1

While taking a PSAT practice test, I was told by the answer key that the underlined sentence below is grammatically correct and does not need to be changed. a screenshot of the sentence in question

In my experience "reasons," when used in this context, is usually followed by the phrase "as to why bees are vanishing" "for why it is that bees are vanishing," or "for the vanishing of bees." Will simply a "that" suffice here or is my answer key incorrect?

Thank you!

  • Any noun can be followed by a relative clause. – Lambie Jul 24 '18 at 20:40
  • It might help to look at a singular reason. For example The reason (that) I am late is. ... That seems more natural. – JJJ Jul 24 '18 at 20:40
  • 1
    I think that it is dodgy: I would expect [why] or possibly [explaining why] rather than [that]. It just hit me: are you practicing from an on-line practice from Scholastic or whatever they are called , or is it from a third party study guide. – Cascabel Jul 24 '18 at 20:41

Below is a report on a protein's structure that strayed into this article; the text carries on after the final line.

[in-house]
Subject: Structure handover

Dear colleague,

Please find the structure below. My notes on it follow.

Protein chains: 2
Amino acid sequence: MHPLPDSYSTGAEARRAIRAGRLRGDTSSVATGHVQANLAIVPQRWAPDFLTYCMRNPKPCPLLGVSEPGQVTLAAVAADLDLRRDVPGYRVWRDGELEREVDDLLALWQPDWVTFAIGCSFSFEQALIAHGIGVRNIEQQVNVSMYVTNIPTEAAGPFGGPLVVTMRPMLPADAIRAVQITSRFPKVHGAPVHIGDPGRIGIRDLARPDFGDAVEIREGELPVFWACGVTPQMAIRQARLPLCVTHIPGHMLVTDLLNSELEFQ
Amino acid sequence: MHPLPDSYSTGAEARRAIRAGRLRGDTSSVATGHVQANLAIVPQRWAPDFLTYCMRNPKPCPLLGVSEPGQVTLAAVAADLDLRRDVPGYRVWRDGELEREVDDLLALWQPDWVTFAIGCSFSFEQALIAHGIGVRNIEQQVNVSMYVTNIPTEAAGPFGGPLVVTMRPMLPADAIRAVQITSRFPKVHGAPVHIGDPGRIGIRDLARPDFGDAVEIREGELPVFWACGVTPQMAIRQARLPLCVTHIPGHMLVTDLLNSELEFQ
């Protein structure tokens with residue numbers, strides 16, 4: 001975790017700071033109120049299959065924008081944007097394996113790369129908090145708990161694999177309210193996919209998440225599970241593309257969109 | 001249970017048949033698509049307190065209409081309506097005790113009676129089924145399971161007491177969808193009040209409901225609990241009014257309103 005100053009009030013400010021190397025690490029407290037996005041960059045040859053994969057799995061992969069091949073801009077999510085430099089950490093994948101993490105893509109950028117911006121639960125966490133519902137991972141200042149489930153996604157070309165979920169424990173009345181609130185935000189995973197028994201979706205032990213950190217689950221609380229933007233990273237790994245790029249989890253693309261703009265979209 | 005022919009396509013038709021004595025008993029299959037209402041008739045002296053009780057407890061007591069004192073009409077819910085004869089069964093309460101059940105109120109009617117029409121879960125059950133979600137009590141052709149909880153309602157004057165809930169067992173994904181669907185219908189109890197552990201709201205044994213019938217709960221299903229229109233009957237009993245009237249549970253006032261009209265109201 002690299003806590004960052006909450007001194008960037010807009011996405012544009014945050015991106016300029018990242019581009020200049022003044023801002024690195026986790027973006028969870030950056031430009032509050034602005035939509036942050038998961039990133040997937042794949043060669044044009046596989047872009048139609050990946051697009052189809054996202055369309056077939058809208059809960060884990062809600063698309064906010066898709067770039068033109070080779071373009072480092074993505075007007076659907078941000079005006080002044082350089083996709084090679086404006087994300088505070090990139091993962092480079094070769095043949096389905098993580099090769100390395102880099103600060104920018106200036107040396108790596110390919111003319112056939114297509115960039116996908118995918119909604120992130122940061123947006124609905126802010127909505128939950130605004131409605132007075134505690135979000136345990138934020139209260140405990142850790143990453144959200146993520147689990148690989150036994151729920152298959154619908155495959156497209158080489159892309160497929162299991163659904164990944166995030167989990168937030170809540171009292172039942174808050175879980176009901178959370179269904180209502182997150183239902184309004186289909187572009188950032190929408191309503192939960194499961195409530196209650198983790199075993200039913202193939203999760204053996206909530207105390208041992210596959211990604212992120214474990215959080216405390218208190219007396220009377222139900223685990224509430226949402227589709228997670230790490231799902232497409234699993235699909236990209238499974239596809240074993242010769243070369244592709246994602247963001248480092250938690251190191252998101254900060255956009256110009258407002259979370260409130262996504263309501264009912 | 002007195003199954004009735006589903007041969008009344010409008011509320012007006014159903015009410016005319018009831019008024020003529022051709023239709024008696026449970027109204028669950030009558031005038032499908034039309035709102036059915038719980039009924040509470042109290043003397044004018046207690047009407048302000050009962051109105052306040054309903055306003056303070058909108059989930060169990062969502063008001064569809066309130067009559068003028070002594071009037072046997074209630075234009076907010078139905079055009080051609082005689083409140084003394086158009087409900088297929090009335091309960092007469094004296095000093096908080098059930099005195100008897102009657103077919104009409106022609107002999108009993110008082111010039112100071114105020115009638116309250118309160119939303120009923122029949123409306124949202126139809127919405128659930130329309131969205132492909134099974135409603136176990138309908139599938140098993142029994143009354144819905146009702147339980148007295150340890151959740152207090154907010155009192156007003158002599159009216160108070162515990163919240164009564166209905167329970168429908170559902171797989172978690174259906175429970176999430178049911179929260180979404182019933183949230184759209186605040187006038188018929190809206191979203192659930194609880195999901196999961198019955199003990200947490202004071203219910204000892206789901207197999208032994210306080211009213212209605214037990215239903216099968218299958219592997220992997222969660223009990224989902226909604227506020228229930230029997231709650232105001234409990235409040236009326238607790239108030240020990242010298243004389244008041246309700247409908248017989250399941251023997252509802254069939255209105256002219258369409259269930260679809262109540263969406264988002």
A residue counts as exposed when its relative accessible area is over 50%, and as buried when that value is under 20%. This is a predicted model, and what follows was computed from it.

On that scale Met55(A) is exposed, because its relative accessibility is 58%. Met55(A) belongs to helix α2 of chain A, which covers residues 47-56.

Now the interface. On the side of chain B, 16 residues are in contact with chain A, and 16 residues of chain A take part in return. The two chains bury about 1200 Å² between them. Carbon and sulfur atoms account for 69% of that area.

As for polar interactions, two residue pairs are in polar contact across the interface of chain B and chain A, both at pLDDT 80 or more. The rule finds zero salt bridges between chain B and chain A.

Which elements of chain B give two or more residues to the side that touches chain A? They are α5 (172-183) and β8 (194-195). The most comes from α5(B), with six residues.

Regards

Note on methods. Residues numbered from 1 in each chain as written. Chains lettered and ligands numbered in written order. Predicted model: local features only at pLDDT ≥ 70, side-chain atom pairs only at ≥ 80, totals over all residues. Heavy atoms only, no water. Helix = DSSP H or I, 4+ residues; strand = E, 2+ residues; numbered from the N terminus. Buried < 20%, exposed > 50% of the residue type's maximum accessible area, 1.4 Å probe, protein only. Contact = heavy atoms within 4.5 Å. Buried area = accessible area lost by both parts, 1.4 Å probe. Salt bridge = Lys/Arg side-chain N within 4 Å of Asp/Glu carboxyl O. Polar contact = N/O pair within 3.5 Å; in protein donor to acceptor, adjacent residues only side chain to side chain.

• There is also reasons because of which... but that is wordy, and so using that is much less so. I agree with @JJJ that the reason that sounds more natural and is probaby luch more common, and it also shows that plural the reasons that should be correct, even if it may sound wonky to some, even to some native speakers, which is why they come up with such stuff as I began this comment with. – Arm the good guys in America Jul 24 '18 at 21:11
  • 2
    No doubt, @Lambie; but there isn't a relative clause here. – Colin Fine Jul 24 '18 at 21:15
0

SAT Tips & Strategies (©2018 Khan Academy)

[17] Studies have offered several possible reasons that bees are vanishing.

It's a way of expressing "… possible reasons (for the fact) that bees are vanishing.

There's no grammatical error as such, so the sentence needs no correction.

| improve this answer | |

Your Answer

By clicking “Post Your Answer”, you agree to our terms of service, privacy policy and cookie policy

Not the answer you're looking for? Browse other questions tagged or ask your own question.